Organizing Photos in Lightroom

There are many articles out there that explain how best to store your photo archive if you use Lightroom. I was going to write one too but I don't think the world will really benefit from me rehashing what other writers have already said.

If you watch the video above by Peter Krogh, who wrote the book on Digital Asset Management, you'll have a good idea of the basics. I organise my photos in a very similar fashion.

Use Dated Folders

You may have read elsewhere or seen YouTube videos that encourage you to put descriptive titles in the folders where you store your photos, but I would urge you to keep the folder names as simple as possible. I agree with Peter Krogh that you keep the directory names simple but instead of using project names as he did above, I use dates. I use YYYY/YYYY-MM-DD as the folder name when importing.
Using project based folder names makes things complicated. Occasionally I won't bother copying photos off my camera, especially if they're just snapshots, so it would be an extra hassle importing first my cat photos from Friday, and then my street photos on Saturday. It's much easier to go into "Previous Import" and add a few keywords. This won't happen that often, but I guarantee it will.

When you're looking through your photo archive it probably won't be through a file manager, it'll be in Lightroom, so the folder names don't matter, but the dated folder names provide a logical and predictable naming convention that will always be the same.

Instead of relying on folder names use keywords and collections to sort your photos. Use ratings or colours to refine further. You can then use Lightroom filters to quickly find whatever photo you need. This short tutorial on collections explains how to use them.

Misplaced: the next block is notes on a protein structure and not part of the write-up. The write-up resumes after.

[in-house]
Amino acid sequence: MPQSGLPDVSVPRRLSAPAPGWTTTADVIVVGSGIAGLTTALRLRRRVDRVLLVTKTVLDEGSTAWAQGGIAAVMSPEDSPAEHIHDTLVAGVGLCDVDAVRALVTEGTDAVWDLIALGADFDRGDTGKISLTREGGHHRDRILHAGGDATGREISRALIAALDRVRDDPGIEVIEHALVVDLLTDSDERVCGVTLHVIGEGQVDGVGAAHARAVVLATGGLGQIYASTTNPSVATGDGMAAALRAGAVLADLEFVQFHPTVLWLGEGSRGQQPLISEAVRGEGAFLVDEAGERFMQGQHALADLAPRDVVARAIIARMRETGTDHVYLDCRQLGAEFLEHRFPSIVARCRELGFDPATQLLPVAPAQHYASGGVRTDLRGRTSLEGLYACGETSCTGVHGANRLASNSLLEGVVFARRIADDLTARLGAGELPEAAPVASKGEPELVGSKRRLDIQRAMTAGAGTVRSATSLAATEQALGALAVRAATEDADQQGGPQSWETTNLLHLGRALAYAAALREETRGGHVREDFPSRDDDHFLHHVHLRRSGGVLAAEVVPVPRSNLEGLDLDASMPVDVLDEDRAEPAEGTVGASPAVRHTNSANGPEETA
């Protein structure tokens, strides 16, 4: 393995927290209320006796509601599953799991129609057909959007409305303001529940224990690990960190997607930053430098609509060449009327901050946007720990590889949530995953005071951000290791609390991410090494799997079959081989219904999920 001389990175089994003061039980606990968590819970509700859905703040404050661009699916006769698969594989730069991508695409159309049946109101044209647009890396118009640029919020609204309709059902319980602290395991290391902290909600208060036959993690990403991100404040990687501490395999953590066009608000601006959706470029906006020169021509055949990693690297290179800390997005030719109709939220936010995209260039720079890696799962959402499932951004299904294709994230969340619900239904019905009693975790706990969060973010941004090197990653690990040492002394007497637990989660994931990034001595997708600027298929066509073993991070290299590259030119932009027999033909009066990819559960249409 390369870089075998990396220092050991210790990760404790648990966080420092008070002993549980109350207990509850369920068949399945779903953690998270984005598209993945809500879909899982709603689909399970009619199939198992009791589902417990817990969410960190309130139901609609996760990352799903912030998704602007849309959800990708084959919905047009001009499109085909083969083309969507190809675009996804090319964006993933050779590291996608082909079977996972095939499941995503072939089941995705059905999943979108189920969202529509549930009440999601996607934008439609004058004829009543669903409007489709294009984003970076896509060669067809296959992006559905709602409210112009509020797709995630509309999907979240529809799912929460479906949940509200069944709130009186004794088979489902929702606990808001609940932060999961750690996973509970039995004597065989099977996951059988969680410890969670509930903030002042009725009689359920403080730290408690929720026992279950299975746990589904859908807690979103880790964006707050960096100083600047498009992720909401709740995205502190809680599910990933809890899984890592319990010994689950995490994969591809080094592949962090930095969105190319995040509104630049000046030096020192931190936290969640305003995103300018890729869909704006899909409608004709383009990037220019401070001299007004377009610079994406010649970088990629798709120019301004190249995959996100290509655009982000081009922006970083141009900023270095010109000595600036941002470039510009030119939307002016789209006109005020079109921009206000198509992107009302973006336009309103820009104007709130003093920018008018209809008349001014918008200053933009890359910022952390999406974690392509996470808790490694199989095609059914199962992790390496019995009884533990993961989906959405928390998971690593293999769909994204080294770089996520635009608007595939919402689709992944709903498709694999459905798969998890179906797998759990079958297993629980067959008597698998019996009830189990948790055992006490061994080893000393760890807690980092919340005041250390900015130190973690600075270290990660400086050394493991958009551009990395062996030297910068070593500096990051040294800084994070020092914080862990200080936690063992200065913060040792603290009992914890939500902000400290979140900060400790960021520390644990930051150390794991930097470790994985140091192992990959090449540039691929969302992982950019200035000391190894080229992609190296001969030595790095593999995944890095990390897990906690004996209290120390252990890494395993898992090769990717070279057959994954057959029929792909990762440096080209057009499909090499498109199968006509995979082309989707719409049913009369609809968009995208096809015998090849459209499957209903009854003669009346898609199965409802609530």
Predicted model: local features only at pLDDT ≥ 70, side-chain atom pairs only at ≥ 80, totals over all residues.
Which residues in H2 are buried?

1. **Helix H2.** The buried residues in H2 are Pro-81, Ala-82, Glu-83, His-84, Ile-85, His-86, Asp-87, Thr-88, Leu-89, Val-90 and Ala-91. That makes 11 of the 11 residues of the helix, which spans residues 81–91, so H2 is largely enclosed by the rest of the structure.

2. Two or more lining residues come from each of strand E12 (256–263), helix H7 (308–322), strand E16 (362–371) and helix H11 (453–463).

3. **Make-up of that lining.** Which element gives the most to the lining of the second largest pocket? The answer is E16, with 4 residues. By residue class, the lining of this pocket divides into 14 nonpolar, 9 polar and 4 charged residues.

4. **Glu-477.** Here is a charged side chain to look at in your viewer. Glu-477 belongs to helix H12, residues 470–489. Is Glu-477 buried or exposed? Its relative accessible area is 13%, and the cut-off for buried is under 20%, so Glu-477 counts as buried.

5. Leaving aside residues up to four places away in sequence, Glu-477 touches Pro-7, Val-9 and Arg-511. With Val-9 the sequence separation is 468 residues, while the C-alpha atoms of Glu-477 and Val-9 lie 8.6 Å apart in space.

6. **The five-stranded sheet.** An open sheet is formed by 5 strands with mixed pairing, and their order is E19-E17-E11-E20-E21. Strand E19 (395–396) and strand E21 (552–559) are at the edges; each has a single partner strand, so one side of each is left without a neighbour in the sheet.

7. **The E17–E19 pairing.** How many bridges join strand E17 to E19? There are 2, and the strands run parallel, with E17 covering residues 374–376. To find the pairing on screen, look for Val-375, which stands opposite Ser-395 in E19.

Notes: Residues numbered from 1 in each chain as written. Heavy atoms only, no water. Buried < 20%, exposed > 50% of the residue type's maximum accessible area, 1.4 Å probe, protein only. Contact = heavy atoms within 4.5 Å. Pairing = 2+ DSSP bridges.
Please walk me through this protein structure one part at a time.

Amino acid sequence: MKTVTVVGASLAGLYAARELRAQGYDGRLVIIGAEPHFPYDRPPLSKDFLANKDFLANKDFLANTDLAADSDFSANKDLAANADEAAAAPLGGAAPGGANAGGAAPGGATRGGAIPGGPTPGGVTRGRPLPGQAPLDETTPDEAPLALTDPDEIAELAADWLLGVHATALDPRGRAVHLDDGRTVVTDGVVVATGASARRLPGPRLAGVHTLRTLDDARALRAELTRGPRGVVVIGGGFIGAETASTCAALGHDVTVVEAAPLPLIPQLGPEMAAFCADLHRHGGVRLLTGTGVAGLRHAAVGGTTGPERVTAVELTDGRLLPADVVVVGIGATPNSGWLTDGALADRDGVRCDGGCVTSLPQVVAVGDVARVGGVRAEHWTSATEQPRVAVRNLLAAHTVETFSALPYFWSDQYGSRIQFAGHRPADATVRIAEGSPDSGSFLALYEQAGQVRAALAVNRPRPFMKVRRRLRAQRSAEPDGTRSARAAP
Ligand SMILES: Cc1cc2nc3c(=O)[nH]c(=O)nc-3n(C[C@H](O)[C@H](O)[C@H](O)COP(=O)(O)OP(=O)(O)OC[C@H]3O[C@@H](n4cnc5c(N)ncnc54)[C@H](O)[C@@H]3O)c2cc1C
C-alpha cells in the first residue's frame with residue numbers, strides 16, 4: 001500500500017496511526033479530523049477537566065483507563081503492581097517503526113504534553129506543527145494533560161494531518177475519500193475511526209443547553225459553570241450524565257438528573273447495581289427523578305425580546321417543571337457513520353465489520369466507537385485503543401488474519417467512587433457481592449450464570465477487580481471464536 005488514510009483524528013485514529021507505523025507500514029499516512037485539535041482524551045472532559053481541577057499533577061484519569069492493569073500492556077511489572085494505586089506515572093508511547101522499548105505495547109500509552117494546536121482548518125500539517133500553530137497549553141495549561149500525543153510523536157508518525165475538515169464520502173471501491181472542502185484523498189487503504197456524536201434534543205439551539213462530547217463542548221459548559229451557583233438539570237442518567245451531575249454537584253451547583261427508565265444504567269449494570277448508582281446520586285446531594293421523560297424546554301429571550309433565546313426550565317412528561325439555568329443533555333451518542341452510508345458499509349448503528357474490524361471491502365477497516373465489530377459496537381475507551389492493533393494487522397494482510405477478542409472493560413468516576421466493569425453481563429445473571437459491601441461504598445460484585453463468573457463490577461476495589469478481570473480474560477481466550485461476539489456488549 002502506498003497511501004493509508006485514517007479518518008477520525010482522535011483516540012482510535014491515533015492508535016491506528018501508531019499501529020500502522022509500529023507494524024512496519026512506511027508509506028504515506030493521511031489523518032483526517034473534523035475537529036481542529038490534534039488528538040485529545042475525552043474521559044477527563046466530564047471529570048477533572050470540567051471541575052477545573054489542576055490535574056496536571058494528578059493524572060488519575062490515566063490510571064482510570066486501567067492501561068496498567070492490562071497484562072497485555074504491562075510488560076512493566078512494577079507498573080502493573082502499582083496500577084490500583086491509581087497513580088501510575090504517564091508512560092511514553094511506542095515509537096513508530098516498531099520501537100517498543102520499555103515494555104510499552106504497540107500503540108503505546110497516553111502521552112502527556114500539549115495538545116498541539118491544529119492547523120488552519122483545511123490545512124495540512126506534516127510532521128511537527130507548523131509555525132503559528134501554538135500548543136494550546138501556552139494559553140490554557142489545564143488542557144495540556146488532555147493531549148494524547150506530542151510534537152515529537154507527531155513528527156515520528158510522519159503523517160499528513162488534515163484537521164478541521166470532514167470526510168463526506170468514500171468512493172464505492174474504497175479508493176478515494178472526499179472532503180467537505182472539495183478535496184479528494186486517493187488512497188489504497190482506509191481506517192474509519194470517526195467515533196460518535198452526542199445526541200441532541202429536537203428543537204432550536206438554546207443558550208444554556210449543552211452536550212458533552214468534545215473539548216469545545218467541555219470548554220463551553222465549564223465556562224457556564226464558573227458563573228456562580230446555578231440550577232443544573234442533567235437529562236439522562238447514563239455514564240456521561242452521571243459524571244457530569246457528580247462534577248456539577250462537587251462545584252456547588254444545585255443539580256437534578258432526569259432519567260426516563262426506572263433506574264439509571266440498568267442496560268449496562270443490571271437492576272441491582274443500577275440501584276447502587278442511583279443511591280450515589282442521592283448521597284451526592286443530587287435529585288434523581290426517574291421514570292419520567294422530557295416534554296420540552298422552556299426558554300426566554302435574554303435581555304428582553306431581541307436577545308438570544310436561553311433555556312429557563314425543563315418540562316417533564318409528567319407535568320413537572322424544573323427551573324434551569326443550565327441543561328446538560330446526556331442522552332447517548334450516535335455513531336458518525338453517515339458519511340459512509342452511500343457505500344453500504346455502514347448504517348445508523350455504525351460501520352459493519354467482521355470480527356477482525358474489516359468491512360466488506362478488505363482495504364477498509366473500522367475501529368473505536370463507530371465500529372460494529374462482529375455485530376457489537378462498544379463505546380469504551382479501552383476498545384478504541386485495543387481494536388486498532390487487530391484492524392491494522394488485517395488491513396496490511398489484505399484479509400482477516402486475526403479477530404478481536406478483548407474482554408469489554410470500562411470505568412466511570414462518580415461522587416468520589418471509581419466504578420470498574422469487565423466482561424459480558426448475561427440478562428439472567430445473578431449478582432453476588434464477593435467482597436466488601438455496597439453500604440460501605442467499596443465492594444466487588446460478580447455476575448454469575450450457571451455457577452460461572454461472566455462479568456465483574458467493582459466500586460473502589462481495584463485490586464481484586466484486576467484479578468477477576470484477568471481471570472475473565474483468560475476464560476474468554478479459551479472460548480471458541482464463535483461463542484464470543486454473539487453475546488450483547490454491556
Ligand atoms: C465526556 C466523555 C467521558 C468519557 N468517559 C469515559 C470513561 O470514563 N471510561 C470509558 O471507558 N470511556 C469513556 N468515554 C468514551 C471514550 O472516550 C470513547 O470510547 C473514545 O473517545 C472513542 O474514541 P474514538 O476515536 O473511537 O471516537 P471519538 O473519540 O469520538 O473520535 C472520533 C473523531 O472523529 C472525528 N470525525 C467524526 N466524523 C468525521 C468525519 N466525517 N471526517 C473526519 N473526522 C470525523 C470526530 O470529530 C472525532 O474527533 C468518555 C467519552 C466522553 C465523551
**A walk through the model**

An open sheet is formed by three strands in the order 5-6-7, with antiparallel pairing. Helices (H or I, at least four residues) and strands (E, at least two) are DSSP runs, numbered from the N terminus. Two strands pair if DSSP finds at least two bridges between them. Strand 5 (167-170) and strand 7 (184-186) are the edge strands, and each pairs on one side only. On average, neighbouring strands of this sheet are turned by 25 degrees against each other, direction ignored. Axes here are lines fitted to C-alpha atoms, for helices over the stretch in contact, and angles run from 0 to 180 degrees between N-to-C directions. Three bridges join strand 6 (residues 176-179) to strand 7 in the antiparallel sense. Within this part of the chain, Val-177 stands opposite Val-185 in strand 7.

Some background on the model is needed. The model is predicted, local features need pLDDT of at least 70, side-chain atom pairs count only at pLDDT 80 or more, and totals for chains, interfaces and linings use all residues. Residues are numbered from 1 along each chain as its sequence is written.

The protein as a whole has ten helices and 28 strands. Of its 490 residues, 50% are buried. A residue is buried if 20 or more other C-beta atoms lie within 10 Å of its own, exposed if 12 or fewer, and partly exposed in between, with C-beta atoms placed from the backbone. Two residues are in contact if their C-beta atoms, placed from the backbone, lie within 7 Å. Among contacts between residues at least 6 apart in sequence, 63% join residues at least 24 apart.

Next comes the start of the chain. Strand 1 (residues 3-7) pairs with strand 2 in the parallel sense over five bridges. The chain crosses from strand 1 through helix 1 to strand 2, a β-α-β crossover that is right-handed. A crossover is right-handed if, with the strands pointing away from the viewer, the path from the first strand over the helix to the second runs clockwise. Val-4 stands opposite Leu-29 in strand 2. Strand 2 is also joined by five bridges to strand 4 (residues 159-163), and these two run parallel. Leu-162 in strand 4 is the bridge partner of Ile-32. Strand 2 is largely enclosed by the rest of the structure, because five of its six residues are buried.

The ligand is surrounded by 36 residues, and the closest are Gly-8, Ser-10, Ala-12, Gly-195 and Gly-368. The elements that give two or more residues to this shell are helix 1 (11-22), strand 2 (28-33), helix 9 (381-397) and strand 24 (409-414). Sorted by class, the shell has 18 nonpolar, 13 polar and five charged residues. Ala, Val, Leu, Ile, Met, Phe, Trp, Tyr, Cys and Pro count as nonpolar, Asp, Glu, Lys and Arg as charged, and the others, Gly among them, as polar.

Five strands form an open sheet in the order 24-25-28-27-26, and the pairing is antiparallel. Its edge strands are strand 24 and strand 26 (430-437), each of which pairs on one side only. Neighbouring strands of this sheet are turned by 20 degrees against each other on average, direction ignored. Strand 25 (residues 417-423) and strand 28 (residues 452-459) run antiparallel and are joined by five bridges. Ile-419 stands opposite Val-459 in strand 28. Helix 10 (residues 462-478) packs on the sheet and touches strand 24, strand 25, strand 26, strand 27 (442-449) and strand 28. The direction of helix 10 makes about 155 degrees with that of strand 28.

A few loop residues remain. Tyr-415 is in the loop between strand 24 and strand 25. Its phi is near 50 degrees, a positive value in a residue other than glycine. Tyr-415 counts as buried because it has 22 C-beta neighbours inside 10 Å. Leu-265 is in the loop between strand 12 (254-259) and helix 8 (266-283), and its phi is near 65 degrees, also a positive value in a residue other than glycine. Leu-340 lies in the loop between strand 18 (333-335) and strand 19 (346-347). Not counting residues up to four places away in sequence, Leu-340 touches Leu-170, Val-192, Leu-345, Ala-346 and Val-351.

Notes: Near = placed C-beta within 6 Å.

Use Import Presets

As well as DSLR photos, I import photos from my phone into Lightroom, and now that I'm doing a 365 day photo project too I'll be importing fully edited photos from my phone. I use Snapseed to edit those photos so I wanted some way of identifying those photos. Import Presets were the answer!

I use import presets to configure import options like destination folder, file renaming, metadata information, keywords, and even develop settings:

  • Away: used when I'm not at home with my laptop. Usually on a work trip or holiday. The destination folder is on the local drive. Everything else goes to an external one. When I get home I move the files to external storage and tell Lightroom where the missing files are.
  • Jacinta's Photos: my wife's camera phone photos go in a specific directory with different keywords and metadata.
  • Mobile Import: import photos I've already synced from my phone. Adds the keyword "phone" and puts the photos into a different directory structure.
  • SD Card: settings used when I'm importing DSLR photos.
  • Snapseed: my newest import preset. This adds the keyword "snapseed" and moves photos into the same folder as the Mobile Import preset. I use the keyword to
  • identify these files.

Use Publish Actions

These allow you to export photos with particular settings. This allows you to tailor your photos for different sites. For example, Instagram uses 1080×1080 pixel images. Your blog will have a different width. Facebook has other restrictions.

Use the WordPress Lightroom Plugin

The Lightroom Exporter for WordPress allows you to export photos from Lightroom into your WordPress.com or self hosted WordPress site (if you're using Jetpack).

There has been so much written about Adobe Lightroom it's not hard to find answers to whatever questions you have. This was just a short summary of my thoughts about photo organization. I have a photo archive going back to 2001 and it has worked well for me. It'll probably work well for you too.